We are considered to be in the post-trust era economy. This happened in 2008 with the recession. Big banks lied and Wall Street screwed people over and caused the worst recession in our lifetime.
This resulted in people changing the way they do business as a whole. It changed what we think about businesses, and it changed our buying behaviors.
We stopped being so trusting of businesses and started doing our research instead. Let’s face it we were betrayed, lied to and just like any relationship that has trust issues it changed how we interact and how we buy from businesses.
People are also more knowledgeable about products and companies than ever before. We used to rely solely on salespeople for knowledge and information regarding a product we wanted to buy. But now the Internet is at our fingertips, and buyers are doing their own research.
In fact, there is almost nothing you can’t research. So this means buyers no longer need you to provide the facts about a product or service, they can do that themselves, and many of them do. But what they do need, is for you to build that KLT (know, like, trust) factor with them so that when they are ready to buy, it is YOU that they buy from. This why Networking is so important in doing business today.
We are now in the NEW economy where building the KLT factor through networking is a must when selling. Networking takes us a step in the right direction to help heal those trust issues and build relationships with our customers.
Gone are the days where you could manipulate, deceive or be too pushy to make a sale. There is a new and improved way of selling. And thank goodness! Who wants to sell like that anyway! I want to feel good about what I sell and how I sell. So this new economy works in my favor, and it can work in yours too!
Where can you Network to start building those relationships?
- Face to Face networking meet-ups are all over cities. You can use resources like Meetup or Eventbrite or LinkedIn to find networking groups that might be a good fit for you.
- Facebook Groups! My most favorite place to network.
In fact, I encourage you to join at least 10-12 Facebook groups where you think your ideal customer is hanging out. Feel free to join our Crowned for Success Queendom. But before joining random groups, ask yourself, what kind of groups would your ideal customers be in?
Once you are in groups, do searches around keywords that your potential customers might be talking about. i.e., I might search for “Instagram” if I am looking for new clients to teach my Instagram strategies to. Or the word “struggle” is always good to search in groups.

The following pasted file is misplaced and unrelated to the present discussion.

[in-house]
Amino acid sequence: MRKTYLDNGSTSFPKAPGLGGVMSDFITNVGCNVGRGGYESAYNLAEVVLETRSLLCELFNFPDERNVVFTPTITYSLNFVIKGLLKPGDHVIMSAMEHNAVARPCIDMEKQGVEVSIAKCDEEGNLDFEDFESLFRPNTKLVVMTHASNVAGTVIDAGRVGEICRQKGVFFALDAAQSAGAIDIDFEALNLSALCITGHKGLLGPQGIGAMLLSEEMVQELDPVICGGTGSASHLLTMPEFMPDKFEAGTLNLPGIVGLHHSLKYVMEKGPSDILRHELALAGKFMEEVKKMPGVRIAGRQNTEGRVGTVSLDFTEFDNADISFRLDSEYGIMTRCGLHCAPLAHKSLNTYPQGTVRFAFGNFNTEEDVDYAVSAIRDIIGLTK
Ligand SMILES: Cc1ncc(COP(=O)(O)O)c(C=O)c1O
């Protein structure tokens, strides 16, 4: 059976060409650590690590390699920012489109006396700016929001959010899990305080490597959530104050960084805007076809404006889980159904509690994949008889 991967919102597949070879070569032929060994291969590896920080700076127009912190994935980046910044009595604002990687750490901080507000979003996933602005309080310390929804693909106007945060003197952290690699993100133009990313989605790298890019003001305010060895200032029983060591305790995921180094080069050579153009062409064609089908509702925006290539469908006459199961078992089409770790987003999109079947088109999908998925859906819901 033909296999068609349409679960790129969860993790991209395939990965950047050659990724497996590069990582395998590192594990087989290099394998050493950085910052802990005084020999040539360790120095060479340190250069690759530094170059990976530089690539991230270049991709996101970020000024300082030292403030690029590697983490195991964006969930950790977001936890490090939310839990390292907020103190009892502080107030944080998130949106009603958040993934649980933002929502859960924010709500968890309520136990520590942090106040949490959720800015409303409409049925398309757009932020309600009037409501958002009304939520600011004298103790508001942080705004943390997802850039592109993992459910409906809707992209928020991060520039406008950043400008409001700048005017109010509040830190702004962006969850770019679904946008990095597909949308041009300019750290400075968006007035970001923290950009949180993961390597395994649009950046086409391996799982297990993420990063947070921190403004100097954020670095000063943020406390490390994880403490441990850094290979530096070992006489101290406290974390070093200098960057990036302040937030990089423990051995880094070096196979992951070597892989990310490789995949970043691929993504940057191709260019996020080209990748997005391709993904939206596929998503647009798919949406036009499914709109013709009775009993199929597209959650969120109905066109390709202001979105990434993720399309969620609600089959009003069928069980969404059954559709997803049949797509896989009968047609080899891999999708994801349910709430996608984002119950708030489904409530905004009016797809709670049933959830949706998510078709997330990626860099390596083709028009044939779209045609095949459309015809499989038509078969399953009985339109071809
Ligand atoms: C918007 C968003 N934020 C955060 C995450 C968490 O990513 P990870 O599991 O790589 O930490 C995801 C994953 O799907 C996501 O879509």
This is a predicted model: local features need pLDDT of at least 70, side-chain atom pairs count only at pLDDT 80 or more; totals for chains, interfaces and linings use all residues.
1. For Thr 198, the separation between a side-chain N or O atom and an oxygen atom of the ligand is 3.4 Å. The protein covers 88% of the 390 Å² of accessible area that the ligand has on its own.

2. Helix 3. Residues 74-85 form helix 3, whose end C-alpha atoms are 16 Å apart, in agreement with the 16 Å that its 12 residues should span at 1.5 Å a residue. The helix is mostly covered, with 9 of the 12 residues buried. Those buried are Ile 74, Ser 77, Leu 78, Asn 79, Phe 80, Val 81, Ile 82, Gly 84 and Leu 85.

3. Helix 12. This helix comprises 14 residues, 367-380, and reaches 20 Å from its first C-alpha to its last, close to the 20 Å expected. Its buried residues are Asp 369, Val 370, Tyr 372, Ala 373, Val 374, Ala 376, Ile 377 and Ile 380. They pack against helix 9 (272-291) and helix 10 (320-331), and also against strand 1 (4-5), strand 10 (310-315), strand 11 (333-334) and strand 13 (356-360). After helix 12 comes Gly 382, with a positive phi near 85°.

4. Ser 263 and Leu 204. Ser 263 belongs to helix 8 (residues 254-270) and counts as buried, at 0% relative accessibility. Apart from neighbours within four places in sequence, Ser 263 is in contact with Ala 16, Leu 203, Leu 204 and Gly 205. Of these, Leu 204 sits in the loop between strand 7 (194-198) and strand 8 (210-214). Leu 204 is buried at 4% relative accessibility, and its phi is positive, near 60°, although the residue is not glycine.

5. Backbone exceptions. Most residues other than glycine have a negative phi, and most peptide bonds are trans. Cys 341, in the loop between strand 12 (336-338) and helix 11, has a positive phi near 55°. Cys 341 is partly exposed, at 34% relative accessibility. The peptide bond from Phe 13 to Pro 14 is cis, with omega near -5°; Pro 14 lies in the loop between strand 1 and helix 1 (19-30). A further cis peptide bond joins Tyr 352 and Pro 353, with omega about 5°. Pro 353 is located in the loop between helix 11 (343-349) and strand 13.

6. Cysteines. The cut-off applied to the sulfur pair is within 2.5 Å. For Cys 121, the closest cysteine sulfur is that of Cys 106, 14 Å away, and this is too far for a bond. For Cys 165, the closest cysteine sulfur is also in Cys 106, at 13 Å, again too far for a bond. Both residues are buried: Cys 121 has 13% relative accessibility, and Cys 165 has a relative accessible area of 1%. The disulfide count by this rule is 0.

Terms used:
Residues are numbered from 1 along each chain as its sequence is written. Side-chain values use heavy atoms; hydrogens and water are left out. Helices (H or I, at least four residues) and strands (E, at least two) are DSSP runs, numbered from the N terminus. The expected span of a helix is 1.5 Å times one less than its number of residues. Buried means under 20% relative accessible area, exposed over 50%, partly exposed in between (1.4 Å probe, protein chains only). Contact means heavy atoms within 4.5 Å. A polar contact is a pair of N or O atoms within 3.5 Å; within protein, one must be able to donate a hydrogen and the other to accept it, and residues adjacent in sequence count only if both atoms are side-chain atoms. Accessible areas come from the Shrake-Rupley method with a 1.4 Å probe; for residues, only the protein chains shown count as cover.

These are usually comments that have been made by someone who is struggling with their problems. Why is this important? Because you want to know and understand your potential customer’s pain points so that you know how to talk to their pain points and you know what kind of product or service to offer.
7 other helpful tips when networking in Facebook Groups…
- Post at least once a day in groups so that people start to take notice of you.
- Give helpful tips.
- Post an inspirational quote.
- Share a link to a helpful article.
- Comment on people’s posts and give your advice.
- “Like” peoples posts. Nothing drives me crazier than to see 10 people viewed a post but only 2 people liked it, be generous with your likes. It’s equivalent to paying someone a compliment in person.
- Remember you’re not there to sell, YET. You’re there to build relationships first and foremost.
Even with all these tips, I know it can be pretty scary and intimidating to the network whether it’s online or in person.
An easy way to get over the fear of Networking is to detach yourself from the expectations of making a sale.
And focus on these things instead…
- Ask genuine questions.
- Listen more than you talk.
- Discover their problems and why they have them.
- Determine how and if you can solve them with your products or services.
- Give FREE Value to help build the KLT factor.
- If it’s determined that you don’t offer the resolution to what they want or need, refer them to someone who can be a referral source. This act of generosity goes a long way, and it’s twofold, the potential customer is sure to remember you when they want or need your product or service. And the person you referred them to is likely to return the favor.